Q. Will the protocols change the casting process?
A. Yes. Our framework recommends: (a) All first auditions should be virtual unless there is a specific reason why a virtual audition would not suffice. (b) Second “live” auditions be scheduled at spaced intervals to accommodate physical distancing, with a waiting place for actors to congregate where physical distancing can apply and, if appropriate, an option to wait in cars and be called. (c) Actors receive scripts/rundowns/schedules digitally, with provisions made for confidentiality, i.e., digitally signed confidentiality agreements. (d) Actors check in via an app from outside the casting area and are called via a text when it’s their time. (e) If an in-person group audition is required, actors should have a partition placed in between them, or at a minimum wear clear face shields, all of which to be provided by the producer.

Q. If I get the job, what am I going to need to think about in terms of travel to the production location?
A. If you must travel by plane or other inter-city transport, you should take all precautions of social distancing and sanitization – for example, wear a mask at all times while in public, wipe down surfaces as much as feasible (such as plane seats and tray tables) and maintain six feet separation with other travelers. Before traveling by plane, you must be tested and cleared 24 hours before the flight—this ensures that any person who is carrying the virus but might be asymptomatic does not board a flight, and, then, introduce the virus to the production area once on the ground.

Q. Is check in time at the studio (for medical clearance, document signing etc.) considered work time?
A. Yes, your work day starts at the time you are directed to report.

Q. Where will performers congregate during shooting?
A. Performers wait their turn in an area that is sanitized and separated from the crew. Background performers have their own holding areas, which, for small scenes, will be as close as possible to the set – and provide adequate bathrooms, and hand sanitizing stations. You will notice much less foot traffic around a set – production crew, especially the 1st assistant director, will set up scenes and do in-between adjustments – such as moving walls or furniture – by staggering on-set presence of department personnel to minimize the number of people and, thus, maintain social distancing.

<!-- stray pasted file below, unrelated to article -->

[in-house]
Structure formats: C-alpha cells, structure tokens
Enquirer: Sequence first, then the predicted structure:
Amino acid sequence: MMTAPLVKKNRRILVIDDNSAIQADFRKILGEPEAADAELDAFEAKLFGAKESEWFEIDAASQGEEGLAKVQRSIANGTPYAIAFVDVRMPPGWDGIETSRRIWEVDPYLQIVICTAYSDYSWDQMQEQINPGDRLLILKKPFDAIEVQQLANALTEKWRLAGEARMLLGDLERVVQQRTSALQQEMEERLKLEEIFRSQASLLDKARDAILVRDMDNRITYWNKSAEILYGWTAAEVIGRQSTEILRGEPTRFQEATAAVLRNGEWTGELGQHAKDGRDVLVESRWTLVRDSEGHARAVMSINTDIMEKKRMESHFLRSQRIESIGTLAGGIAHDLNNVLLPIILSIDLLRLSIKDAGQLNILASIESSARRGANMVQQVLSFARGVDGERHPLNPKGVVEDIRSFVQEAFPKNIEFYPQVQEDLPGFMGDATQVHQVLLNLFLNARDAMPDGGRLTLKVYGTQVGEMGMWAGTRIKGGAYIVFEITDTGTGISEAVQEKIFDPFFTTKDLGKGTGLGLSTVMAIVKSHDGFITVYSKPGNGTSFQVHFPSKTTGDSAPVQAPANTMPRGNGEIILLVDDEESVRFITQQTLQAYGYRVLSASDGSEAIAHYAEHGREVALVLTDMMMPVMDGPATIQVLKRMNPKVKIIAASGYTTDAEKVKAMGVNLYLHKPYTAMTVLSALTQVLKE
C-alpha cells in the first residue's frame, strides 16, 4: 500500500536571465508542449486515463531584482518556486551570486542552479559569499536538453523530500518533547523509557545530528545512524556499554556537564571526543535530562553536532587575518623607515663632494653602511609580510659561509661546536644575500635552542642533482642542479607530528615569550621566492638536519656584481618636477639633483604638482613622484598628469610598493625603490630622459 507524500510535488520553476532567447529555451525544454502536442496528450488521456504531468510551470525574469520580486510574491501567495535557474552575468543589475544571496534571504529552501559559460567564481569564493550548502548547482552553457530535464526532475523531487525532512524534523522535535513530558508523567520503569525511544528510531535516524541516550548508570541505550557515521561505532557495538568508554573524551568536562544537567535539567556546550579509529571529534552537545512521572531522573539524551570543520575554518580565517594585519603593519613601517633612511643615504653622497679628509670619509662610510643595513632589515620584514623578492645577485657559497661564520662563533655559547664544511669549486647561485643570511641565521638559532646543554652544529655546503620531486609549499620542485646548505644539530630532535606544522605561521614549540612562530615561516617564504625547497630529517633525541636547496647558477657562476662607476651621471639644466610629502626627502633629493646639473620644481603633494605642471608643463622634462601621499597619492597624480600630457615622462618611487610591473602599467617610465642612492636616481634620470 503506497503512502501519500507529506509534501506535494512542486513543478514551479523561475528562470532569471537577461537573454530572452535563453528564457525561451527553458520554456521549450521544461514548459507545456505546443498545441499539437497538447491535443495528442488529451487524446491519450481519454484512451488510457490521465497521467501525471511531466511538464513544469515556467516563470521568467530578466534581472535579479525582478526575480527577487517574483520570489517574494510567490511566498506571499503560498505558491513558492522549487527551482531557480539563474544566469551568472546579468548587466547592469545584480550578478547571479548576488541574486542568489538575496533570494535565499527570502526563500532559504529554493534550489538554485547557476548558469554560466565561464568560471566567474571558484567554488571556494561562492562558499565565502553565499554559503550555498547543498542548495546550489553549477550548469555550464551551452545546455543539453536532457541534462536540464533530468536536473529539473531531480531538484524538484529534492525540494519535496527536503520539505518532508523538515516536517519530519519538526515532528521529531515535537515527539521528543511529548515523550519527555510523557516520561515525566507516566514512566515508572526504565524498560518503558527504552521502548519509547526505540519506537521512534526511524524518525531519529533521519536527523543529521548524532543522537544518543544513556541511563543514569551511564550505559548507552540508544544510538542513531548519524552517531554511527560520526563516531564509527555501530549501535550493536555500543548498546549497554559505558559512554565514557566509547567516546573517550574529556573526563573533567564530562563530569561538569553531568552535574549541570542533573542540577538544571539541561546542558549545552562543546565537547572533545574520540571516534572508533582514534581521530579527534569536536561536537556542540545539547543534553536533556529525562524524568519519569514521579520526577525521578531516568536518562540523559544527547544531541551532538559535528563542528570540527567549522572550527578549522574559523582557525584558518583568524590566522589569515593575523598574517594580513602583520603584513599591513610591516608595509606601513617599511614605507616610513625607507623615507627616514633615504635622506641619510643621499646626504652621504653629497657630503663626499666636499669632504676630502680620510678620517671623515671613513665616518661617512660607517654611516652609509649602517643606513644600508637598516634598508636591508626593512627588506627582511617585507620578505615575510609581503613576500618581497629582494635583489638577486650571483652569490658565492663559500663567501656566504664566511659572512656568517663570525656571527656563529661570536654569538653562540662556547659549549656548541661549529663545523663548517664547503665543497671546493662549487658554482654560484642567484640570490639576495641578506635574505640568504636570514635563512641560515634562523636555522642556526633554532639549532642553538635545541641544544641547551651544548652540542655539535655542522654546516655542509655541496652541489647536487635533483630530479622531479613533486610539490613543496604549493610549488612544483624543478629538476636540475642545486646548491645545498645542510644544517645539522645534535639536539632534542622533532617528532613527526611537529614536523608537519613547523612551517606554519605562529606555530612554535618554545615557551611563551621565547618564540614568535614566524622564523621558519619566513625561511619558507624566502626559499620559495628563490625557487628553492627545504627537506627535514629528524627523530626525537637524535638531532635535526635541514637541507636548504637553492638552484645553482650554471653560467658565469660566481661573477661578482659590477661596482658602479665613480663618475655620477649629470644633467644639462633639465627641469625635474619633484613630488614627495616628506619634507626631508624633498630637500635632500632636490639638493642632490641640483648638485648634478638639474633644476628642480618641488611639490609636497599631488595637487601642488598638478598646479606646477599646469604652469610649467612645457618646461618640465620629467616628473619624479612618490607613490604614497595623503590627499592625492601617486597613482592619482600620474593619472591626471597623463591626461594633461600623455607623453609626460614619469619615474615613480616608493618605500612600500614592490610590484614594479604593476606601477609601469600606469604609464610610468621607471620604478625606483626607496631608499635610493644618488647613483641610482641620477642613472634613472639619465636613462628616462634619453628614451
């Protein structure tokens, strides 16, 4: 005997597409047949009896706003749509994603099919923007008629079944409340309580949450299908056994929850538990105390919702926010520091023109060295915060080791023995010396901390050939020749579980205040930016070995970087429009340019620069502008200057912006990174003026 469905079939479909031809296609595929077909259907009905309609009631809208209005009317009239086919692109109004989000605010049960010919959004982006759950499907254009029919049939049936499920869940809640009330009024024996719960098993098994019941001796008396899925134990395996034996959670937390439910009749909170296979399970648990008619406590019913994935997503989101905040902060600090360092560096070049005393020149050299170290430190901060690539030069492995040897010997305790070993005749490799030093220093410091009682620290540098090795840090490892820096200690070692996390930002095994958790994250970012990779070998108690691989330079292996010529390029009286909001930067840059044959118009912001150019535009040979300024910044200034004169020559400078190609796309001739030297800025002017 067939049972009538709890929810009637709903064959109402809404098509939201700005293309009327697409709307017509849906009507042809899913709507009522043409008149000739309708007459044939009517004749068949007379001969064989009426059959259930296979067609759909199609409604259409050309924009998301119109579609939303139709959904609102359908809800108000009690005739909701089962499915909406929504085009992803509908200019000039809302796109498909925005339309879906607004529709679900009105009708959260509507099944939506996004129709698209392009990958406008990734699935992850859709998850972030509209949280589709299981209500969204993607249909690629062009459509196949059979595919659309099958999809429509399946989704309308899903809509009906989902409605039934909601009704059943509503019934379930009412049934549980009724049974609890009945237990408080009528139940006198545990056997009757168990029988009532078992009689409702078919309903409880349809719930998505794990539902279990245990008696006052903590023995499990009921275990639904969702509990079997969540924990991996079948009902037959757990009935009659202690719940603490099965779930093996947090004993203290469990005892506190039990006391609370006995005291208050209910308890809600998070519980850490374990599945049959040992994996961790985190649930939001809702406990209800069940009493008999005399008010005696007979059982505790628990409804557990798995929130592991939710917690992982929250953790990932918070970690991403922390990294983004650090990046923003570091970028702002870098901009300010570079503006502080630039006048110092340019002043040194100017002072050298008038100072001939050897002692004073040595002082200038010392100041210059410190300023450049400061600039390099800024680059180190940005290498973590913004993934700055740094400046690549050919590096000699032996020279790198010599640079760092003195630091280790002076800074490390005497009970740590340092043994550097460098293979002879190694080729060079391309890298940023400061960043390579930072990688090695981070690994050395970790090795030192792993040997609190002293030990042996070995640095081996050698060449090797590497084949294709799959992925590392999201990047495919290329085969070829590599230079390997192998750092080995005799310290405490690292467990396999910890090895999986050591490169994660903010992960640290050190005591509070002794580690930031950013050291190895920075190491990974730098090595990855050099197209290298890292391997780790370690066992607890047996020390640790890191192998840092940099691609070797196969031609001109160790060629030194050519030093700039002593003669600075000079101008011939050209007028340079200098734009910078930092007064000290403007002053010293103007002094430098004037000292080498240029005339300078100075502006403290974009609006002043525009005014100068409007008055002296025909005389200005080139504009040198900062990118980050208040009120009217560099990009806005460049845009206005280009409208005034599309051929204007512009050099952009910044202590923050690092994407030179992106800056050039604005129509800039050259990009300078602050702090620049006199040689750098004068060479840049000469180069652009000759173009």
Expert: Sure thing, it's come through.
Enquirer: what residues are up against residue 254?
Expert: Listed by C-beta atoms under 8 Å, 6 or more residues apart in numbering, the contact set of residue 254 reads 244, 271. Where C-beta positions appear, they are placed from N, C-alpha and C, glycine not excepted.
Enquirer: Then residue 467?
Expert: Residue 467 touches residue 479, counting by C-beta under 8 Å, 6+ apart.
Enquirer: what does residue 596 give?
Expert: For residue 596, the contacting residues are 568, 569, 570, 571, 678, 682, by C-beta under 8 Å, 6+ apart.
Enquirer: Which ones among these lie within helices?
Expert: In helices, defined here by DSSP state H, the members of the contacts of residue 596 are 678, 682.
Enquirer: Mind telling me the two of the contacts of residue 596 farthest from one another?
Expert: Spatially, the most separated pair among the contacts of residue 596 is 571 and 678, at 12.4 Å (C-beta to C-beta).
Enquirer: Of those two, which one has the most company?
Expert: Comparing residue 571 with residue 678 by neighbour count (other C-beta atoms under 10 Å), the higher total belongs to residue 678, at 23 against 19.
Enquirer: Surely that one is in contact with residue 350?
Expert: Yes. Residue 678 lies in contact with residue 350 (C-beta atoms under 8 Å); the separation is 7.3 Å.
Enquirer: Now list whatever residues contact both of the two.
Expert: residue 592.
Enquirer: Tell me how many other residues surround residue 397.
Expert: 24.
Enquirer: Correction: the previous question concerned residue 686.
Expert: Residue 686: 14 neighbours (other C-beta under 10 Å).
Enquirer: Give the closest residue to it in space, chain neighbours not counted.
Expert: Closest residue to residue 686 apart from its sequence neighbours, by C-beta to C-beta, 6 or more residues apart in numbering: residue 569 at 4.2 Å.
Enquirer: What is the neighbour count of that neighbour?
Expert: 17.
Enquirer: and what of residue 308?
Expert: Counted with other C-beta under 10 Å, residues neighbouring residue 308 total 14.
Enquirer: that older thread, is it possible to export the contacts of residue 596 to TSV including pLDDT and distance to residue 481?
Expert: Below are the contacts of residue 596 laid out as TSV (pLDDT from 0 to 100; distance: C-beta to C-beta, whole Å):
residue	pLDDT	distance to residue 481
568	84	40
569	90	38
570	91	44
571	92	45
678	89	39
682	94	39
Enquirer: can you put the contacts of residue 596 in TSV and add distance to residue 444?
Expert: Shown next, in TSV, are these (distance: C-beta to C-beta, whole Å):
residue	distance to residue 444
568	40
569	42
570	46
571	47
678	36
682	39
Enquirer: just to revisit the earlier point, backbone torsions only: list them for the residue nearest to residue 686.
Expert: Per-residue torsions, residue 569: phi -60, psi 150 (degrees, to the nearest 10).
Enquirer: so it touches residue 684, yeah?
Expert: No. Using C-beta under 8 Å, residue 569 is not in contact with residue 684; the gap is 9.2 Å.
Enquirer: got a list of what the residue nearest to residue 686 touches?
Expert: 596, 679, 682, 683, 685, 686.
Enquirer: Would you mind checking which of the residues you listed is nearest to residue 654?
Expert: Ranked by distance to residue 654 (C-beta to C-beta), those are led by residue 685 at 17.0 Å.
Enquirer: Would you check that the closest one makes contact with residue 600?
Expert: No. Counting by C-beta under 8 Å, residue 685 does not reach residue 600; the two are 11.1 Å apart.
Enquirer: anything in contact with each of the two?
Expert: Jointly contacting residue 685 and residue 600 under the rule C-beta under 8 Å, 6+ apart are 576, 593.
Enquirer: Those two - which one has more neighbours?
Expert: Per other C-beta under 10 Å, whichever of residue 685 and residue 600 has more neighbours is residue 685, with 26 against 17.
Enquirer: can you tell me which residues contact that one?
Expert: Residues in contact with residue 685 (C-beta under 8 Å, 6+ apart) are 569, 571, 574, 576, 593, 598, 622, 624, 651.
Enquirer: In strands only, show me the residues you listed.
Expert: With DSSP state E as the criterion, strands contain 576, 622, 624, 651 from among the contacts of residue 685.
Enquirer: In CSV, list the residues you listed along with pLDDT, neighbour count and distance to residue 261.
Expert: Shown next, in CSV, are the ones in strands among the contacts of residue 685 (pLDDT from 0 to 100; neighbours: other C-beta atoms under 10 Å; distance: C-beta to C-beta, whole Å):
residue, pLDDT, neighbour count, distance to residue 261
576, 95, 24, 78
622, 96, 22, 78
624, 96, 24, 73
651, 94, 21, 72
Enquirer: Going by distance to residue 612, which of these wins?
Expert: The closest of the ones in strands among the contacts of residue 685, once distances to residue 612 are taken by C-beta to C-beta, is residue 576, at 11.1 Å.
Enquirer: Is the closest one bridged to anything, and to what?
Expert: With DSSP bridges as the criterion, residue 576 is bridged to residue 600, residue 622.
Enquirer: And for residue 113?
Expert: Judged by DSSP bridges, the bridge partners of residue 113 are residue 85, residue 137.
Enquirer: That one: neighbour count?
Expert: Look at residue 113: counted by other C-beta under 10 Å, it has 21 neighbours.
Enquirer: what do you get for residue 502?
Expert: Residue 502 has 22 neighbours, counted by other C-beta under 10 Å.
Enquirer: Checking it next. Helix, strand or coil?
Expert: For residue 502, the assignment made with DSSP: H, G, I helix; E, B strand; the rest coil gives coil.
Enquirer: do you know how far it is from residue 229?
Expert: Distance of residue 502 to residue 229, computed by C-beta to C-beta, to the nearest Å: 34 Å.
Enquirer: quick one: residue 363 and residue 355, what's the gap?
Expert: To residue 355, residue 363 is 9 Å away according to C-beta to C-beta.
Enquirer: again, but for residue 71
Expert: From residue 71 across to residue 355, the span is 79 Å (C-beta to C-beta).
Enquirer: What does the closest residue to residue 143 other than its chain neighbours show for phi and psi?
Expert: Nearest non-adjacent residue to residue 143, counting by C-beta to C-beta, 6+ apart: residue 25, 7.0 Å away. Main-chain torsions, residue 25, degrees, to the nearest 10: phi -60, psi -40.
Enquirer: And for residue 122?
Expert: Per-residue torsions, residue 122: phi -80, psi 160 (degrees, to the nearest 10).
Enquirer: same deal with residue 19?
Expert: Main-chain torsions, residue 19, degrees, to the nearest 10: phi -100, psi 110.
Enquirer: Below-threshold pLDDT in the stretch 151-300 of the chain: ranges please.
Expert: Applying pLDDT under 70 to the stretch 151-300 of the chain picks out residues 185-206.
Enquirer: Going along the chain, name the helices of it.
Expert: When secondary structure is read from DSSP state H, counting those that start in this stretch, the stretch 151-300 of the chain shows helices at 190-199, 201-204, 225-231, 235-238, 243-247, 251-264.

Q. How will stunt performers be protected?
A. It is the producer’s responsibility to provide a safe work environment; however, this does not prohibit a producer from seeking the stunt coordinator’s input in creating the protocols for a production. Production is required to provide SAG-AFTRA with written protocols that comply with “The Safe Way Forward.” These protocols are specific to the production – especially as it relates to the types of scenes, locations, hazardous conditions and mitigation stunt performers are likely to encounter.

Q. How will the safety standards be reinforced to everyone?
A. There will be a health safety meeting. At the meeting, the 1st Assistant Director and Health Safety Supervisor will brief cast and crew, emphasizing the protocols and making sure each individual completes a declaration about any symptoms they might be experiencing and/or any possible exposure to symptoms consistent with COVID-19.

Q. Who will make sure the protocols in “The Safe Way Forward” are adhered to?
A. The Health Safety Team, led by a Health Safety Supervisor. Their broad assignments include: (a) Make sure all the testing procedures are followed rigorously; (b) Make sure the set is fully stocked with PPE, all areas are sanitized and safe (including assessing ventilation, air filtration and circulation, and the disinfecting of surfaces, property, equipment and tools); (c) Make sure hand washing, sanitizing and disinfecting stations are set up and fully functional, as well as ensure hand sanitizer is broadly available—all of which will be carried out by a dedicated Hygiene Crew. (d) Make sure all checkpoints are in force; (e) The Health Safety Supervisor is the final authority on any COVID-19 matters and has the power to halt production in the case of a breach in procedures or testing results that raise concerns about virus infections or spread. Stunt coordinators should immediately report any concerns directly to the Health Safety Supervisor.

The FAQs also address a wide range of other return-to-work concerns, including those dealing with hair and make-up, costume fittings, and the handling of props.

“There is no such thing as ‘no risk’ in the absence of an effective vaccine which reaches a large percentage of the population and eventually creates broad immunity and ‘starves’ the virus for lack of vulnerable people to infect,” SAG-AFTRA says. “But, we feel we can create a ‘low risk’ environment based on three important principles:
1. Testing, Testing, Testing;
2. Restructuring sets with a ‘Zone system’ to achieve the maximum physical distancing and safe working environments;
3. Broad use of Personal Protective Equipment (PPE)

“Testing is the key to a safe environment. The modeling data is clear: regular and frequent testing of cast and crew effectively and substantially reduces the risk of infections and transmission. Testing gives strong confidence that if someone is infected, s/he can be isolated and quarantined and any further transmission can be avoided.

“A Zone system. By creating ‘bubbles,’ or circles of interaction, fewer people will be in close proximity to each other. This will mirror the best medical advice we are used to hearing in our daily lives: we create a safer environment by limiting the size of crowds in confined spaces.

“PPE at all times. Within the production environment, the use of PPE (especially masks and face shields) will be constant, widespread and broadly available, fortifying a relentless program of sanitization of every nook and cranny.”